I have just finished The Sundial by Shirley Jackson, published in 1958. It tells the story of a family who discover that the world is going to end and they are the only ones with a chance of survival – as long as they are inside the house when the day finally comes.
Although the book can be classified as horror, I loved Jackson’s dark humour and the way she showcases the family dynamics. It’s set in a mansion where the characters live in their own bubbled reality, never fully satisfied, always thinking of the new world to come. I found the book so clever, scary and funny that it became a journey I got to experience alongside the family. And Jackson constantly teases the reader, having you flip between doubting and believing that this day will ever come.
PD Smith, author and critic
The news in the last few months has been grim, with a war in Europe and the possible dawn of another cold war with Russia. My recent reading reflects this mood.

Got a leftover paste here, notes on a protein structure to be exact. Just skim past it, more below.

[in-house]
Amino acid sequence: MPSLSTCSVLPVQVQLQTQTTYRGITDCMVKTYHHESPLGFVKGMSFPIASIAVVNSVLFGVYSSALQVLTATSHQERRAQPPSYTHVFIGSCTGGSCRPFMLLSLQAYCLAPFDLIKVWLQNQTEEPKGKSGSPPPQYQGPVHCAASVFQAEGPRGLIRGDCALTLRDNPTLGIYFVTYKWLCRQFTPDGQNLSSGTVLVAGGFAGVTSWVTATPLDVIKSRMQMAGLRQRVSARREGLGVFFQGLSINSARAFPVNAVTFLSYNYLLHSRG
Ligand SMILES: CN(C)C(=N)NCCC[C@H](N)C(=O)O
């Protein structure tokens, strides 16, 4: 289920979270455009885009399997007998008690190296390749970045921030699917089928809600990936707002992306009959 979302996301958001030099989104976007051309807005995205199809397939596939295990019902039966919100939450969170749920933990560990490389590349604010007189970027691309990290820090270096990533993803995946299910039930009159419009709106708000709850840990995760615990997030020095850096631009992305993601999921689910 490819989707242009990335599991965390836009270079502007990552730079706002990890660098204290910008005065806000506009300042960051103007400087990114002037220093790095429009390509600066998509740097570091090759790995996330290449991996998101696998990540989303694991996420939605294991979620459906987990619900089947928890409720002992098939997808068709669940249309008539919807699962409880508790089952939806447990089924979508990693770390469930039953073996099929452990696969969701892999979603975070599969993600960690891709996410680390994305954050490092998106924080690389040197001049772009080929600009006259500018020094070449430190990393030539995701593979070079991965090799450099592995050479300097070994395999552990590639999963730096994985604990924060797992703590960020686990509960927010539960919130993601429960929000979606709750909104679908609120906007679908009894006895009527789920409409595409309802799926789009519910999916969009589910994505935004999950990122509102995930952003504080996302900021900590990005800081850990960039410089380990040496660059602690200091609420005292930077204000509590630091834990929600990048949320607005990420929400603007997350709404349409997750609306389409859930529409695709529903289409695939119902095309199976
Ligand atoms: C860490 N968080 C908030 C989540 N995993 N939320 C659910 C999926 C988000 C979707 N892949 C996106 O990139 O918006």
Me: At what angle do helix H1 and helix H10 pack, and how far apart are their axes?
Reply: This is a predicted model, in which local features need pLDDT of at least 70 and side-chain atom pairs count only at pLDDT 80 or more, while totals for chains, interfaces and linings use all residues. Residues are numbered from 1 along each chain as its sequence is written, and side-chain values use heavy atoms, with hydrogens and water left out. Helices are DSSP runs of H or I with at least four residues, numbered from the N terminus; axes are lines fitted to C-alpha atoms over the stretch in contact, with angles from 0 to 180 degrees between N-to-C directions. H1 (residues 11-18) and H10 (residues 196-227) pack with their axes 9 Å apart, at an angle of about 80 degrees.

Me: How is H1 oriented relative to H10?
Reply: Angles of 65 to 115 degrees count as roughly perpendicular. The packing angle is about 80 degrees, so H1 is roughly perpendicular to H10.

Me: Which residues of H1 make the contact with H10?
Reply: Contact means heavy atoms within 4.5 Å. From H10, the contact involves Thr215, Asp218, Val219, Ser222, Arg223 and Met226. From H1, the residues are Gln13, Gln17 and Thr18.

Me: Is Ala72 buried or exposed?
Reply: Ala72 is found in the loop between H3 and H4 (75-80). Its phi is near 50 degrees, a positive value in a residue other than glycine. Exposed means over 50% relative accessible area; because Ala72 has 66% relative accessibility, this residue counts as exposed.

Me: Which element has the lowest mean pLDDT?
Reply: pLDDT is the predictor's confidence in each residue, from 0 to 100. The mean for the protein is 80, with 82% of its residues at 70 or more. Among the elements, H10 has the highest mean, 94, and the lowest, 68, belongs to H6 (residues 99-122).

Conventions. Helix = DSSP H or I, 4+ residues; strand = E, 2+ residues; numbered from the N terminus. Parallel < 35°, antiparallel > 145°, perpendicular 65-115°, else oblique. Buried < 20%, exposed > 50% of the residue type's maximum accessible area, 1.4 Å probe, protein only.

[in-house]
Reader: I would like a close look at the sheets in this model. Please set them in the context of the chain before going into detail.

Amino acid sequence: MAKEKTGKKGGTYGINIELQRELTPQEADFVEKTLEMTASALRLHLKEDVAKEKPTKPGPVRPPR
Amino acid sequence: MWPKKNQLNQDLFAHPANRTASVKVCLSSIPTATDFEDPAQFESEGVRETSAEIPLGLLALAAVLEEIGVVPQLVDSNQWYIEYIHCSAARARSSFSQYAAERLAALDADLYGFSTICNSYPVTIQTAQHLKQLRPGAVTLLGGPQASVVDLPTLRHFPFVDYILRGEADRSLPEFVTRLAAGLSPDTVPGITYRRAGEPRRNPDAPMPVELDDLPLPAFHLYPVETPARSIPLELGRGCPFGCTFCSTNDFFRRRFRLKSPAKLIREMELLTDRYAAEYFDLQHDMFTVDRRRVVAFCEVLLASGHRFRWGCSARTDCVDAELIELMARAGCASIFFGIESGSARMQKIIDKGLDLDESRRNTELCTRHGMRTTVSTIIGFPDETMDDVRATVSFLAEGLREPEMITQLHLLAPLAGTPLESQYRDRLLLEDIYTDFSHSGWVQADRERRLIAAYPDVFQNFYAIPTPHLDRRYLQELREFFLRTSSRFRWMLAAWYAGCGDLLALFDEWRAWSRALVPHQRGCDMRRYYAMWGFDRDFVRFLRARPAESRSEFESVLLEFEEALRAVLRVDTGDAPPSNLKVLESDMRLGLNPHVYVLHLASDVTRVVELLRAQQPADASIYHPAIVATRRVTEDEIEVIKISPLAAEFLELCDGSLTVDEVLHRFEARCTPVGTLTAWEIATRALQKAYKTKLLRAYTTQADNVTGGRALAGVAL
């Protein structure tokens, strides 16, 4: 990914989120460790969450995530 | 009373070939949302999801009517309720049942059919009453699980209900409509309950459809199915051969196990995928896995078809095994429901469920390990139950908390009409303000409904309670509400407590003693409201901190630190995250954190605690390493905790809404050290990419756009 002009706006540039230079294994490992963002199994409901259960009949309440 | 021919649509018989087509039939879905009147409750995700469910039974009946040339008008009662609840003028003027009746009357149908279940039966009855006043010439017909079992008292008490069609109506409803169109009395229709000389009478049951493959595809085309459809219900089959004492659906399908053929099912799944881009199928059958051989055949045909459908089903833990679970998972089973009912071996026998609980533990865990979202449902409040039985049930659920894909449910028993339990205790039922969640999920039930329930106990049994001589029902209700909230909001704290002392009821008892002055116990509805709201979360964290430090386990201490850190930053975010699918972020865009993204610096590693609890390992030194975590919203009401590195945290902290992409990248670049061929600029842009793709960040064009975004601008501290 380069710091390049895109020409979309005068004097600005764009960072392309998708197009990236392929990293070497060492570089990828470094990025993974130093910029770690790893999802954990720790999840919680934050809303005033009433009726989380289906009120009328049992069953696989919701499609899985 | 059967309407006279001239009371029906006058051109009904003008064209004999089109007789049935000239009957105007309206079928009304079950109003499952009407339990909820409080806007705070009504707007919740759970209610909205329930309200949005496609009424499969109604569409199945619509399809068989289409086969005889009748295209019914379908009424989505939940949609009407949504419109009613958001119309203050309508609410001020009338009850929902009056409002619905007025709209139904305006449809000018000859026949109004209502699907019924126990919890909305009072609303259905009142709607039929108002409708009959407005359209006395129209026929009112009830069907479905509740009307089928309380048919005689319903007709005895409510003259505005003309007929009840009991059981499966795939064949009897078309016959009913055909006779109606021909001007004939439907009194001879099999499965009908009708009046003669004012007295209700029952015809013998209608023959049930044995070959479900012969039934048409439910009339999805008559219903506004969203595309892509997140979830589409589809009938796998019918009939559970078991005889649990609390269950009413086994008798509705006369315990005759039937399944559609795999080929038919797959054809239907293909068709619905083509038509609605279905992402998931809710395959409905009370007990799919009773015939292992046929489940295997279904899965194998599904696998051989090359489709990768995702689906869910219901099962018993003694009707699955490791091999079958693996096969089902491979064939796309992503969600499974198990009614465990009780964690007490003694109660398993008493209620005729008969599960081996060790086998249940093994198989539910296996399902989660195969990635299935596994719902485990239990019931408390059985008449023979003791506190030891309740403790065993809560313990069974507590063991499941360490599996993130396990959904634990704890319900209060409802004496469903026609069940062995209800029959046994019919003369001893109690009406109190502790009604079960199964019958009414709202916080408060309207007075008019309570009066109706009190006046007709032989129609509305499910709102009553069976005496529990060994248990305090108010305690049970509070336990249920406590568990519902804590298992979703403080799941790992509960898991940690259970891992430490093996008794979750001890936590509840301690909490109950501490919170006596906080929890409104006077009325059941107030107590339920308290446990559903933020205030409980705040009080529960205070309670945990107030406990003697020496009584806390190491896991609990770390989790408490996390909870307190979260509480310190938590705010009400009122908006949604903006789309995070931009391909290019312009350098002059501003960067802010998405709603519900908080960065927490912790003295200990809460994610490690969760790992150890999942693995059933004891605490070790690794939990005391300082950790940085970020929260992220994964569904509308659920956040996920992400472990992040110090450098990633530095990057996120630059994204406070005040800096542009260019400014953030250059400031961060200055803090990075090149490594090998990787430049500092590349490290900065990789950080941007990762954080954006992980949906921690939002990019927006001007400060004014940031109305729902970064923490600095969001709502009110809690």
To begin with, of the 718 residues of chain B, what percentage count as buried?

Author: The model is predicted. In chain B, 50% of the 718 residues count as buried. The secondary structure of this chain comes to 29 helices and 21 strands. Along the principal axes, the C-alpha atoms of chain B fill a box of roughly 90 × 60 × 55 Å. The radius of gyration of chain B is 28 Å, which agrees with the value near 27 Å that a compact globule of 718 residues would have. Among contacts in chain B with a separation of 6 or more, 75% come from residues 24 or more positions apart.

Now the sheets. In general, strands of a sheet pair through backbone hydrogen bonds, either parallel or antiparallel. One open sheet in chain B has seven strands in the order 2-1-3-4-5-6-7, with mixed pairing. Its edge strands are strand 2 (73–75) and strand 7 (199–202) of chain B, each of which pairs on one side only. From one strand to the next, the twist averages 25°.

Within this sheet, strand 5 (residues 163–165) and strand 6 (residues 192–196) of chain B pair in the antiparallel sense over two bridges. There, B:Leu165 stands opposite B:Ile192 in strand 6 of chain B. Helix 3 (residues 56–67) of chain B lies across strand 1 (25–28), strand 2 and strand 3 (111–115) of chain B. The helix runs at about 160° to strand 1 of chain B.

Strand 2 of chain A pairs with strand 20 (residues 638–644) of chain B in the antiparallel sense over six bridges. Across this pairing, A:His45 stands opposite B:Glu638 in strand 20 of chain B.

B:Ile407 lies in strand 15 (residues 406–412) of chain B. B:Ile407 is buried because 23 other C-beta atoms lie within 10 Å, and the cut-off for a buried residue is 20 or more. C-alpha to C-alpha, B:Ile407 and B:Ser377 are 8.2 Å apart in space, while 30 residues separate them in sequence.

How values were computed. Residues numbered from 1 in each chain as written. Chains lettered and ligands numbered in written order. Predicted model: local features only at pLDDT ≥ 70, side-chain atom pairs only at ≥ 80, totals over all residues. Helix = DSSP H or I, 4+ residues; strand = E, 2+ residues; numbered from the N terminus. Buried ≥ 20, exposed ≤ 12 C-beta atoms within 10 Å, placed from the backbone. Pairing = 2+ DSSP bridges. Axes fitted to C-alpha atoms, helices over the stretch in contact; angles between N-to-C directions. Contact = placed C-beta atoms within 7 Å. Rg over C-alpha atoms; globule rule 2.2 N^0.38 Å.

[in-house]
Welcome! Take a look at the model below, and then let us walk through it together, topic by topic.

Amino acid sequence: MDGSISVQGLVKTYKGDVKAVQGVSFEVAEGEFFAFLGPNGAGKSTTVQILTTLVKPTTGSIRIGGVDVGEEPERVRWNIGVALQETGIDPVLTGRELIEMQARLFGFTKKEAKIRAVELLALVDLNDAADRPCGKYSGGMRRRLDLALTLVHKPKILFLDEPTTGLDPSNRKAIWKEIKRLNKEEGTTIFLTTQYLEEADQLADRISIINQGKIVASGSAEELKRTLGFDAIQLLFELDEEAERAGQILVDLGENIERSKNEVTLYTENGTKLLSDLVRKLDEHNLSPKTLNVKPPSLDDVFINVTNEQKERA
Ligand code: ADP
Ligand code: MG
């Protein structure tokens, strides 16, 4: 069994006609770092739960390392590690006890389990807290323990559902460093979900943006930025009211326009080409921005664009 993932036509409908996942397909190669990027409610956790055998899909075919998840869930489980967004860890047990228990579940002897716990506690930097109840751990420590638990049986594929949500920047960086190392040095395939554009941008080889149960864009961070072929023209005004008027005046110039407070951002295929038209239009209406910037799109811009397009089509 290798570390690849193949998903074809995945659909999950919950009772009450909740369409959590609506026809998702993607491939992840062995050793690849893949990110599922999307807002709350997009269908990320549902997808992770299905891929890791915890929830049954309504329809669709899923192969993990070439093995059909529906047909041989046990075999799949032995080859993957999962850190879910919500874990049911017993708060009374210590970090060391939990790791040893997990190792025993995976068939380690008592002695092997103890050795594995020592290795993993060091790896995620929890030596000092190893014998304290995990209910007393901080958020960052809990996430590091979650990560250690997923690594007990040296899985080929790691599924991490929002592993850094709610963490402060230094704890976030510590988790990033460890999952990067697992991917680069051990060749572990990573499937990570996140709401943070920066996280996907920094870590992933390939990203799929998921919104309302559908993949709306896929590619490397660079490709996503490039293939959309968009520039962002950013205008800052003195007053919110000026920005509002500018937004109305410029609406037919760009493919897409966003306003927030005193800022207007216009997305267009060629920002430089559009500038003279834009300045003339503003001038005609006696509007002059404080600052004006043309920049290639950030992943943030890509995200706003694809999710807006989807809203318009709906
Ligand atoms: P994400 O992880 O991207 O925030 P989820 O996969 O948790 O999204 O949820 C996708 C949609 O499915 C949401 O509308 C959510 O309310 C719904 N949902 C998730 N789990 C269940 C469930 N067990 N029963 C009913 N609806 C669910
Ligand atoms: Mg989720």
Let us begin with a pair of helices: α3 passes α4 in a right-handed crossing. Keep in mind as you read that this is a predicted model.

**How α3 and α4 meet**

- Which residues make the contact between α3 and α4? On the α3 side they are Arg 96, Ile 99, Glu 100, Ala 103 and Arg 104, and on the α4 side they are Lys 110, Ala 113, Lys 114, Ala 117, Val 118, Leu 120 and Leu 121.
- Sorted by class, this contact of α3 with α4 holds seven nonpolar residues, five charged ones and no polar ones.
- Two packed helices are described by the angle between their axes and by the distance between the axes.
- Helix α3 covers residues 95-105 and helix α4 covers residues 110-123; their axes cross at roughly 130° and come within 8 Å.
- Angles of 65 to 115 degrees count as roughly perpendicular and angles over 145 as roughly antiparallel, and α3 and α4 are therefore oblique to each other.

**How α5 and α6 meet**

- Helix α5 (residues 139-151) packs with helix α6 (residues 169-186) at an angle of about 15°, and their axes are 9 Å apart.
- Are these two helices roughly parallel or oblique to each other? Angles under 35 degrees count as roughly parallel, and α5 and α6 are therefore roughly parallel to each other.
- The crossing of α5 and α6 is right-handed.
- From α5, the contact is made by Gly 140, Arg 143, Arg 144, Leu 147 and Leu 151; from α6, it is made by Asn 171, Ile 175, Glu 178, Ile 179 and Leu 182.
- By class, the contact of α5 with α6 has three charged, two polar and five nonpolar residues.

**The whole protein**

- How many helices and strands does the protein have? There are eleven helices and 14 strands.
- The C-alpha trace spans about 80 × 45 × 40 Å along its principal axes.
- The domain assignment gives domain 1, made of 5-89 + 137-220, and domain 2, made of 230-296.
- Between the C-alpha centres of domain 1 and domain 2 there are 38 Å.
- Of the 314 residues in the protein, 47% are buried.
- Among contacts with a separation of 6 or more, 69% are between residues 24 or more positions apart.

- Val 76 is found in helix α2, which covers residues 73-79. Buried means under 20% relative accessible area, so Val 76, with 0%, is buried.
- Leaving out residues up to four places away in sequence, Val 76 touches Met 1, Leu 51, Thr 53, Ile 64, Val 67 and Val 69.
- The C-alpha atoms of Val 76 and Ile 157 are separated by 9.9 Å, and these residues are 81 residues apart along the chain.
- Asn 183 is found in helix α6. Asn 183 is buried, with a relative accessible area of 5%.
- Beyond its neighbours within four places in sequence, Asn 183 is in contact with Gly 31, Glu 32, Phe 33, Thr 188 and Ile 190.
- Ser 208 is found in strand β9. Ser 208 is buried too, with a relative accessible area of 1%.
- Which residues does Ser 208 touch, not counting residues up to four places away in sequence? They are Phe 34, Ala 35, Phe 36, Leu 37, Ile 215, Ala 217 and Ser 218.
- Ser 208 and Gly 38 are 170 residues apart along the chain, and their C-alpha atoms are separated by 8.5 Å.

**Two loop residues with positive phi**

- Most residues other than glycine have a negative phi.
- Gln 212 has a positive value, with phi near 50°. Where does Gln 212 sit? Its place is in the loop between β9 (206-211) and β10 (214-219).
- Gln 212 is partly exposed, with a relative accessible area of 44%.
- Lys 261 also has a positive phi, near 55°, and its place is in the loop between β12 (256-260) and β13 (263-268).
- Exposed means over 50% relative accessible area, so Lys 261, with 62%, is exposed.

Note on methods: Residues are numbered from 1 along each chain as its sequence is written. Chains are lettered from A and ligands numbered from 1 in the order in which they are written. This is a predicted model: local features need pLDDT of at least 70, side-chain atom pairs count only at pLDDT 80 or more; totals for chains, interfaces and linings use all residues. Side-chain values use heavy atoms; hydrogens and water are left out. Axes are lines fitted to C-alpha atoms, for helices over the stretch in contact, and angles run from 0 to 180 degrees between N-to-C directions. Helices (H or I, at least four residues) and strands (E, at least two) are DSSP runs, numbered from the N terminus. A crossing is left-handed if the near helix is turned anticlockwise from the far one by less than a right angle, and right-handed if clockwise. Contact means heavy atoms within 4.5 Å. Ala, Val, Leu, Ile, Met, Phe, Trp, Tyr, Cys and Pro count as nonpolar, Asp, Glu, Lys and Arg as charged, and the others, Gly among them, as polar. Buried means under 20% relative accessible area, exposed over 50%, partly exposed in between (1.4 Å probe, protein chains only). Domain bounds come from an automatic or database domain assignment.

Geoffrey Household’s Rogue Male was written at the beginning of 1939, as Europe moved inexorably towards war. Described by Robert Macfarlane as Household’s “masterpiece”, the novel describes how the narrator attempts to assassinate a dictator and is then pursued relentlessly until he is, literally, holed up in the Dorset countryside, like a fox gone to ground. It inspired countless popular manhunt novels, but it is also a deeply strange and evocative book that reminded me strongly of Kafka’s claustrophobic parables.
I also read Eric Ambler’s spy novel Cause for Alarm, written a year or so before Rogue Male and similarly overshadowed by the storm clouds of war. I found it less original and gripping than Household’s book, but still worth reading.
After this I turned to a classic cold war detective novel from 1981: Gorky Park by Martin Cruz Smith. His Moscow detective Arkady Renko is brilliantly drawn (“a lean, pale man”) and the novel gives a wonderfully vivid sense of the difficulty of investigating a brutal crime while the KGB is breathing down your neck. Renko wonders at one point if he’s playing “a game of investigator against himself”.